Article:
Temitope perhaps has every reason to dance Azonto. Dayo, the couple's two-year-old son has been at the receiving end of his parent's passion for academics. Even at birth, Temitope hardly had time for her son. "I remember that, the day I was to put to bed I was initially at the lab," Temitope said. "I got home around 8pm and went into labour by 10pm. And after I delivered the baby, I went back to the lab. It was not easy," she added.

That fact was corroborated by Temitope's hubby. A marine biologist with speciality in eco-toxicology, Dr Bamidele said his wife could not even exhaust her three month maternity leave before returning to the lab. To him, if there is anyone they both owed an apology, it is their son who did not receive much of their attention.

One other significant constraint the couple said they had to contend with, was funding. At his end, Bamidele had carried out a study on Heavy Metal Contamination of Ologe Lagoon and Bio-markers of Oxidative Stress in Pachymelania Aurita. The study which was meant to determine the impact of industrial effluent and domestic wastes being discharged into the lagoon on the ecosystem especially in the industrial area of Agbara, Ogun State, gulped a lot of financial resources just like the one carried out by his wife. And considering there was no grant for the researches, they were left with no option but to take loans.

"Yes, it cost us a fortune to get two PhD reports prepared at the same time. In some instances, we had to resort to taking loans. We took loans to finance the research exercises. I can't give the actual cost nor can I give you a rough estimate. All I can tell you is that the theses cost us millions to prepare. There was no grant for us either from government or the industries," Bamidele said.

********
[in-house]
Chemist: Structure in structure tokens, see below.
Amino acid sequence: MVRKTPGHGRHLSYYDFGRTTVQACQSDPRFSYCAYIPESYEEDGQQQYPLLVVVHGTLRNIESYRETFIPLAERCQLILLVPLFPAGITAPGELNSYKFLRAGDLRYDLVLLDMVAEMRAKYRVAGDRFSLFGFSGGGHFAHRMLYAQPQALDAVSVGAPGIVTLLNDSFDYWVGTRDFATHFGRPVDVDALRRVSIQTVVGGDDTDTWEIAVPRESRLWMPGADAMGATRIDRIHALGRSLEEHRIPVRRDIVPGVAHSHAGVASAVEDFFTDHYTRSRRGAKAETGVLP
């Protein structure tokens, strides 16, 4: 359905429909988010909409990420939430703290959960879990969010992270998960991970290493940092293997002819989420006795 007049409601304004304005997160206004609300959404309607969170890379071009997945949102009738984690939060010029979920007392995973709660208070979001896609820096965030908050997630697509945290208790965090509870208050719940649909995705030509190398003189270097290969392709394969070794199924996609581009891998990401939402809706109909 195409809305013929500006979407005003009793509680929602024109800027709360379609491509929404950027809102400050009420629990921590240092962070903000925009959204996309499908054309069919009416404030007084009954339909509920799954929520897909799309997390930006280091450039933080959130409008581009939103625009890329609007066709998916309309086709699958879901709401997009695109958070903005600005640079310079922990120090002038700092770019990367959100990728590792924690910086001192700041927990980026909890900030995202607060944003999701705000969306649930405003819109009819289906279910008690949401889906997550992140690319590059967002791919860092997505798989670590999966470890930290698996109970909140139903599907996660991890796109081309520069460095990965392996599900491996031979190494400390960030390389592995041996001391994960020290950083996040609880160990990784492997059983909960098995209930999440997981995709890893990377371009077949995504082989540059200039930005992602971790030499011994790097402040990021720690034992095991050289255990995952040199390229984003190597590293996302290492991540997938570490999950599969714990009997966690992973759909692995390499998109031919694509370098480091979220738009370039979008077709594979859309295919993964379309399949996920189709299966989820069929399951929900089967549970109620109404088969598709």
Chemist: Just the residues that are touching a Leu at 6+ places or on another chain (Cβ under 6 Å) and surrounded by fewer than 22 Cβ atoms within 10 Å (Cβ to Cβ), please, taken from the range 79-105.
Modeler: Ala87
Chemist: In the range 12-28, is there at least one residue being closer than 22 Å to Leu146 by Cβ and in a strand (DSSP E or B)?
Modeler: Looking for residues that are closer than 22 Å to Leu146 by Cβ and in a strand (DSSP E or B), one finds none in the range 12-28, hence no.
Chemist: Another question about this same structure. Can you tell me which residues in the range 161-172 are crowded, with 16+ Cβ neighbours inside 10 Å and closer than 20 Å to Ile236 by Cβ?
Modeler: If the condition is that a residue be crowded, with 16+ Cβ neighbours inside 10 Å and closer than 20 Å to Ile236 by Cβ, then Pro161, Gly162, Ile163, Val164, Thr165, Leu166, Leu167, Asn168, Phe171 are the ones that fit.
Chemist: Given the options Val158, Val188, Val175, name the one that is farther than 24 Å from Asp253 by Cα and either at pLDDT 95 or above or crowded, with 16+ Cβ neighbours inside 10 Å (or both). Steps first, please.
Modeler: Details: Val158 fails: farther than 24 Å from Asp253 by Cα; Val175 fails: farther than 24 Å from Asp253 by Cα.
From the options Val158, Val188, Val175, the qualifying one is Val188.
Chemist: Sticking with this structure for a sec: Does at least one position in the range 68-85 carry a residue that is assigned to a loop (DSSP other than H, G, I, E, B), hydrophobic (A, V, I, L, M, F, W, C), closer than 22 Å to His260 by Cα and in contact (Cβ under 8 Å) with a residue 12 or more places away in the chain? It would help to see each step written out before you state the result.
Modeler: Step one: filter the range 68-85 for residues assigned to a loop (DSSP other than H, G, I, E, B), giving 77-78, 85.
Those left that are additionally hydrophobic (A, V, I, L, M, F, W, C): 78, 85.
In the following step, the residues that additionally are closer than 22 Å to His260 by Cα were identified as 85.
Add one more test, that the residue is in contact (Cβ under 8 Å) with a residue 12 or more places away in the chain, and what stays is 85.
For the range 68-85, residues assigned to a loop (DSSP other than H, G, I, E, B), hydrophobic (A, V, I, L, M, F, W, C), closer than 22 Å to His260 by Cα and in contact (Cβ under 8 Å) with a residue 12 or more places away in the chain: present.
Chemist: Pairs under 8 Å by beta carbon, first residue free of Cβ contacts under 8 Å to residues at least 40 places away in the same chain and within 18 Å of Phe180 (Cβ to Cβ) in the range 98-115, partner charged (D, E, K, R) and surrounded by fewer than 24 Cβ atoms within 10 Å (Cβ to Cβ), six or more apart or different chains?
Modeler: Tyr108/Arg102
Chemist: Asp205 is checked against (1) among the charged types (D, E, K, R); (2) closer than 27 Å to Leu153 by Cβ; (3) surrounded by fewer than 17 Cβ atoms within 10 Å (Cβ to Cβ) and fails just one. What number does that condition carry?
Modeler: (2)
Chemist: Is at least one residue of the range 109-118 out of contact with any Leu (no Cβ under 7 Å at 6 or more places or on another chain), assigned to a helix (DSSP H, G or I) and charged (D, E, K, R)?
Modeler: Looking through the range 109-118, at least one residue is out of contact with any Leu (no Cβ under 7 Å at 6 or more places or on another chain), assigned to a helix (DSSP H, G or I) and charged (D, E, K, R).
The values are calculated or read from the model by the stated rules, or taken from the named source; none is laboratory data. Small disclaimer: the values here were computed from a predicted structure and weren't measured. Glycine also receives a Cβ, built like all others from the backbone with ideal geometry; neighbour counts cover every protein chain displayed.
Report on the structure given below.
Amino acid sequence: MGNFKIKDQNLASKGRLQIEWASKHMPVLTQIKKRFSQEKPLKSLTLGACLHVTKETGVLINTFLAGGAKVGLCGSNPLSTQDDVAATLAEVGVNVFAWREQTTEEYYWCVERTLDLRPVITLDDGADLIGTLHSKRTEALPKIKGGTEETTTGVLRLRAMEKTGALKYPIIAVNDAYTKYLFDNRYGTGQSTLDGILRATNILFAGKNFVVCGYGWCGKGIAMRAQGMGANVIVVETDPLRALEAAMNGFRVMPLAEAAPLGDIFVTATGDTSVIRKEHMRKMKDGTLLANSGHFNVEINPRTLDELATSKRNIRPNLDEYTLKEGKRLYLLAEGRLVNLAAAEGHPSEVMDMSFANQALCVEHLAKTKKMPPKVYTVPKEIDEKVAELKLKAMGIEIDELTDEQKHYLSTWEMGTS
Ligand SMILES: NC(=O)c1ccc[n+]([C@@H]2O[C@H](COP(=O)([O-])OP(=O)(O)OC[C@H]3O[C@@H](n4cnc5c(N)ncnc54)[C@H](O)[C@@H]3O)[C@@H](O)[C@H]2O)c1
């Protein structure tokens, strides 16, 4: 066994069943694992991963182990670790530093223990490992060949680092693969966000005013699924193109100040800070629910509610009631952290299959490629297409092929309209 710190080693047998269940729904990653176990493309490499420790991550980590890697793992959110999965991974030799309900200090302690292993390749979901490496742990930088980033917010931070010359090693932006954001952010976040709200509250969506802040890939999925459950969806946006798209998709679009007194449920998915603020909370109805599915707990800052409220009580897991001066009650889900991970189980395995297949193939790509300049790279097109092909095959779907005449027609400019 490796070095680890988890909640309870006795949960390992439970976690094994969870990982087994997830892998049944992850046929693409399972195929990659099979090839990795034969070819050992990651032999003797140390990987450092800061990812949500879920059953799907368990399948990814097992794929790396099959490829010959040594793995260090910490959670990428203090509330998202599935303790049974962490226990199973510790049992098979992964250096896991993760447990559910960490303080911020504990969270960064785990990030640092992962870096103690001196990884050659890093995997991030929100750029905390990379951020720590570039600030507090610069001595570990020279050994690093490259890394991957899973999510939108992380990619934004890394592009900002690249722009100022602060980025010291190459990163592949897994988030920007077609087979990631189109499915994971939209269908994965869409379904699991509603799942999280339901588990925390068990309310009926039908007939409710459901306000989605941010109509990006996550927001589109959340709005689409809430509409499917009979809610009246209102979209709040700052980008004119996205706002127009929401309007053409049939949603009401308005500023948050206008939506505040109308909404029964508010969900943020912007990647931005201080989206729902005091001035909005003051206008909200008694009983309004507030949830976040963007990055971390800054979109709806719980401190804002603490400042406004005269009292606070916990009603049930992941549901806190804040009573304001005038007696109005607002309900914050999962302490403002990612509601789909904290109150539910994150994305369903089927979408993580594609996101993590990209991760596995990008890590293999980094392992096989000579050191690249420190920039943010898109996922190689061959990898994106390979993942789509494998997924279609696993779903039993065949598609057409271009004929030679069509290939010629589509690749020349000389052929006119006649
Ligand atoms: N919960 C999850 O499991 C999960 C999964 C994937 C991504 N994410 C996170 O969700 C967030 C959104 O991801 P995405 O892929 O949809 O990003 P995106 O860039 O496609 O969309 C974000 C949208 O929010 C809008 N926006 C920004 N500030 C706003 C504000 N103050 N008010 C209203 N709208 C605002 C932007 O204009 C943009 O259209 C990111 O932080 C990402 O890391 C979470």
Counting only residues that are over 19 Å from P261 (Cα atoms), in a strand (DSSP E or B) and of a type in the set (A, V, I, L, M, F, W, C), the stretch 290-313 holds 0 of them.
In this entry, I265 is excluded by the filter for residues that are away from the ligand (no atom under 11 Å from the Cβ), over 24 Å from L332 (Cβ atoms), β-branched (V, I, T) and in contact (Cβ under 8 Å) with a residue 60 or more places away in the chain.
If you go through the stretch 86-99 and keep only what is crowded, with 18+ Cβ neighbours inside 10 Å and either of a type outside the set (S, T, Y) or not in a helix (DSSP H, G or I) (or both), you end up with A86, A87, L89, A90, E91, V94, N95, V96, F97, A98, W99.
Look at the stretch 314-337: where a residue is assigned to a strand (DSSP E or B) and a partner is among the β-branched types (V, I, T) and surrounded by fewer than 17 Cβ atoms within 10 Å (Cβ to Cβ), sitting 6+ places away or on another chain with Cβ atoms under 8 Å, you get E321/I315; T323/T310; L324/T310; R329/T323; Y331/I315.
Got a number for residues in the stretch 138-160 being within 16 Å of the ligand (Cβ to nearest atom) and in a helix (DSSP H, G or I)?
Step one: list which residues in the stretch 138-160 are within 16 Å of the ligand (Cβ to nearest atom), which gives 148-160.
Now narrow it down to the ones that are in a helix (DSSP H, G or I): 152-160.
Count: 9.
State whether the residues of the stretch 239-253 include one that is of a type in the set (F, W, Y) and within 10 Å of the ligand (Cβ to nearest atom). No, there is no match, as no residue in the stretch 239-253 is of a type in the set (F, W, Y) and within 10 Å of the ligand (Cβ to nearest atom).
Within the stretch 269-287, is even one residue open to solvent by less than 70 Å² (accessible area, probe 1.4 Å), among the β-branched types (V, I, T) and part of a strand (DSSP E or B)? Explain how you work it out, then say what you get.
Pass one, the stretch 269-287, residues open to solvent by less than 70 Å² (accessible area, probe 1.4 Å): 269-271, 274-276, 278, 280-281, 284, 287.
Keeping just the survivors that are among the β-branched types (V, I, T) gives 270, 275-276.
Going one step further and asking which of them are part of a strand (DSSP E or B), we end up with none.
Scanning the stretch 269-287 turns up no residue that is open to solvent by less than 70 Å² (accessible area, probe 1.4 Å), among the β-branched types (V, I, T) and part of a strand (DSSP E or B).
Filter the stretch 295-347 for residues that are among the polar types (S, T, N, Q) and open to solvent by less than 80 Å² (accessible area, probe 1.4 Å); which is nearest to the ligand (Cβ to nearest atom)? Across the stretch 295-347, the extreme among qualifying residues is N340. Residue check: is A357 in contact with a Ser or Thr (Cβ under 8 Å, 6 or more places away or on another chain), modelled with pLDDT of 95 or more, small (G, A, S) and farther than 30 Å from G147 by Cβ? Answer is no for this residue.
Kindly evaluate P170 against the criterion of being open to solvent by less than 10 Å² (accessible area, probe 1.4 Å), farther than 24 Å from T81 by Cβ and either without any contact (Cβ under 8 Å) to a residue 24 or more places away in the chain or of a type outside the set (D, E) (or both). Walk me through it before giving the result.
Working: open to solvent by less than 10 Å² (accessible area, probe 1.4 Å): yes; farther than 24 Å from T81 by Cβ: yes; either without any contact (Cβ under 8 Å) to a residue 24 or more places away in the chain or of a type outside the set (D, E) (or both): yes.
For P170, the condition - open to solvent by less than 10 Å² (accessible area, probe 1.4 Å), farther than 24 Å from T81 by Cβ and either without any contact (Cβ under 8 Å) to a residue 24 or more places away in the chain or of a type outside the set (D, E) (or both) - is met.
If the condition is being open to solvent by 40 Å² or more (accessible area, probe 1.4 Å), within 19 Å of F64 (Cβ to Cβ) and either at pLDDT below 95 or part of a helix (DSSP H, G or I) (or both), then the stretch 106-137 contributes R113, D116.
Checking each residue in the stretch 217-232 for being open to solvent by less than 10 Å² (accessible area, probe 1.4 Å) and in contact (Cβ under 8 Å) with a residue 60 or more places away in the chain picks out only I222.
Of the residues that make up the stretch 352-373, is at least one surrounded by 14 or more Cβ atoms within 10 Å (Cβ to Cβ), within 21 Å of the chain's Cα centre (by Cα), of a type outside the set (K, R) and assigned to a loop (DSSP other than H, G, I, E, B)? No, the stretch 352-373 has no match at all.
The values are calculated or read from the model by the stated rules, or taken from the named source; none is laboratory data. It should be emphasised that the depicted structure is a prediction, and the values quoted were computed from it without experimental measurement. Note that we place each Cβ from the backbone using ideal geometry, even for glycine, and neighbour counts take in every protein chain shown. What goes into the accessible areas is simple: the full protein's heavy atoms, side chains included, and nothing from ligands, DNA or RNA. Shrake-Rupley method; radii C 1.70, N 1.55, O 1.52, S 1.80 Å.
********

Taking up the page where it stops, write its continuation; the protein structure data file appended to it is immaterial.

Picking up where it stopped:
In the opinion of Bamidele, in an ideal society, theses of this magnitude ought to have been funded by government and industries concerned.

He added that in fact, the industries have so much at stake in this regard than government, because it helps them know the level at which wastes and effluents emanating from their factories are impacting on human and environmental well being.

"The industries also have key roles to play. In fact, they are the largest beneficiaries of researches like these. But they are not funding them. And because they are not doing so, employments are not being created," Bamidele lamented.

Ads by Google

Copyright © 2013 Daily Trust. All rights reserved. Distributed by AllAfrica Global Media (allAfrica.com). To contact the copyright holder directly for corrections — or for permission to republish or make other authorized use of this material, click here.

AllAfrica publishes around 2,000 reports a day from more than 130 news organizations and over 200 other institutions and individuals, representing a diversity of positions on every topic. We publish news and views ranging from vigorous opponents of governments to government publications and spokespersons. Publishers named above each report are responsible for their own content, which AllAfrica does not have the legal right to edit or correct.

Articles and commentaries that identify allAfrica.com as the publisher are produced or commissioned by AllAfrica. To address comments or complaints, please Contact us.